childcare and caring for older relatives, even in countries with
gender mainstreaming and family-friendly policies. In a study
among Swedish workers [
], multiple demands from work
and private life increased the risk of fatigue in both genders,
but only women reported that they wanted to reduce their
working hours owing to the burden of managing multiple
social roles. For cultural reasons, women may feel compelled
to direct their energy and time towards the family and men
may believe that their primary goal should be to maintain their
position at work [
]. When the demands of work and home
are combined, women have more responsibilities and work
longer hours than men, and consequently experience stress
more often [
Despite more frequent work-to-family conflict among
women, the association between work–family conflict and
suboptimal self-rated health was observed in both genders.
Model 1: unadjusted. Model 2: adjusted by age, model 3: Model 2+educational level; Model 4: Model 3+presence of maid; Model 5: Model 4+working
hours; Model 6: Model 5+Presence of self-reported chronic diseases
Similar results have been found in other studies of different
31, 32, 34, 36
]. As more women participate in
the workforce, both men and women need to operate in
both work and family domains and to balance the demands
of the two in a limited amount of time. Balancing the
demands of work and family in modern life is a source
of stress in adulthood and could influence the ranking of
priorities for women and men and also reduce the time
available for themselves, which can affect health and
Work-family conflict indicators
OR (CI 95%)a
Low educated (N=2788)
High educated (N=3494)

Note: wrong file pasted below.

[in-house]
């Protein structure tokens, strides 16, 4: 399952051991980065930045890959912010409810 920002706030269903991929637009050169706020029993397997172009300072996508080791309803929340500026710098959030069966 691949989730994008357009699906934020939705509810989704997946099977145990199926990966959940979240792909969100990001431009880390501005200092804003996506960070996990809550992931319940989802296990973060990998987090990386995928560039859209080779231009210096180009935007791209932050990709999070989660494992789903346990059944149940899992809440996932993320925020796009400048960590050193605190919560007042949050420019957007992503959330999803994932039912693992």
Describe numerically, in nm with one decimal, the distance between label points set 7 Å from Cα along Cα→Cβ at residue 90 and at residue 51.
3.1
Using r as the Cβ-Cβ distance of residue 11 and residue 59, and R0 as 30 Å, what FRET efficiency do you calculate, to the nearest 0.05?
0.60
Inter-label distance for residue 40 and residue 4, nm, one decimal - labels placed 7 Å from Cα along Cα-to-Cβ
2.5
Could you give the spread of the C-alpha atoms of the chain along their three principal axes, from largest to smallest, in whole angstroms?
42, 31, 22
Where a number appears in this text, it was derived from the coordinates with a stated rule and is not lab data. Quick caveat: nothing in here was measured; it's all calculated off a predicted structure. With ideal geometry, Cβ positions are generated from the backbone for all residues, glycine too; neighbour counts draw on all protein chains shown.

Table 5 Full adjusted logistic
regression models of the
association between work–family
conflict indicators and suboptimal
self-rated health including
multiplicative interaction term
(WFC*educational level) among
Work to family time-based
Never to rarely
Work to family strain-based
Never to rarely
Lack of leisure time and personal care
Never to rarely
ELSA-Brasil baseline, 2008–10
a Adjusted by age, educational level, presence of maid, working hours and presence of self-reported chronic
Some researchers have pointed out the relevance of
distinguishing the direction of the conflict; in other words,
whether family life interferes with work or vice versa. This
increases understanding of the aspects influencing the work–
family conflict, and their health consequences [
]. In line
with previous findings, our results suggest both
work-tofamily and family-to-work conflicts affected self-rated health
among men and women [
Self-rated health is a multidimensional indicator that can
reflect not only physical health, but also state of mind . It
is possible that work–family conflicts affect both physical and
mental health through the stress cascade. Chronic exposure to
stress increases the activities of physiological systems causing
‘wear and tear’, referred to as allostatic load, which is
associated with stress hormones protecting the body through
shortterm adaptation. In the long run, however, this causes mental
and physical alterations that increase the risk of disease.
Exposure to stress can also affect health indirectly by inducing
a profile of adverse behaviours, such as smoking, sedentary
habits, unhealthy diet and alcohol consumption . Further
research is necessary to determine which mechanisms cause
the association between work–family conflict and health
Self-Rated Health and Educational Level
We found that work–family conflict was more strongly
associated with suboptimal self-rated health in more highly educated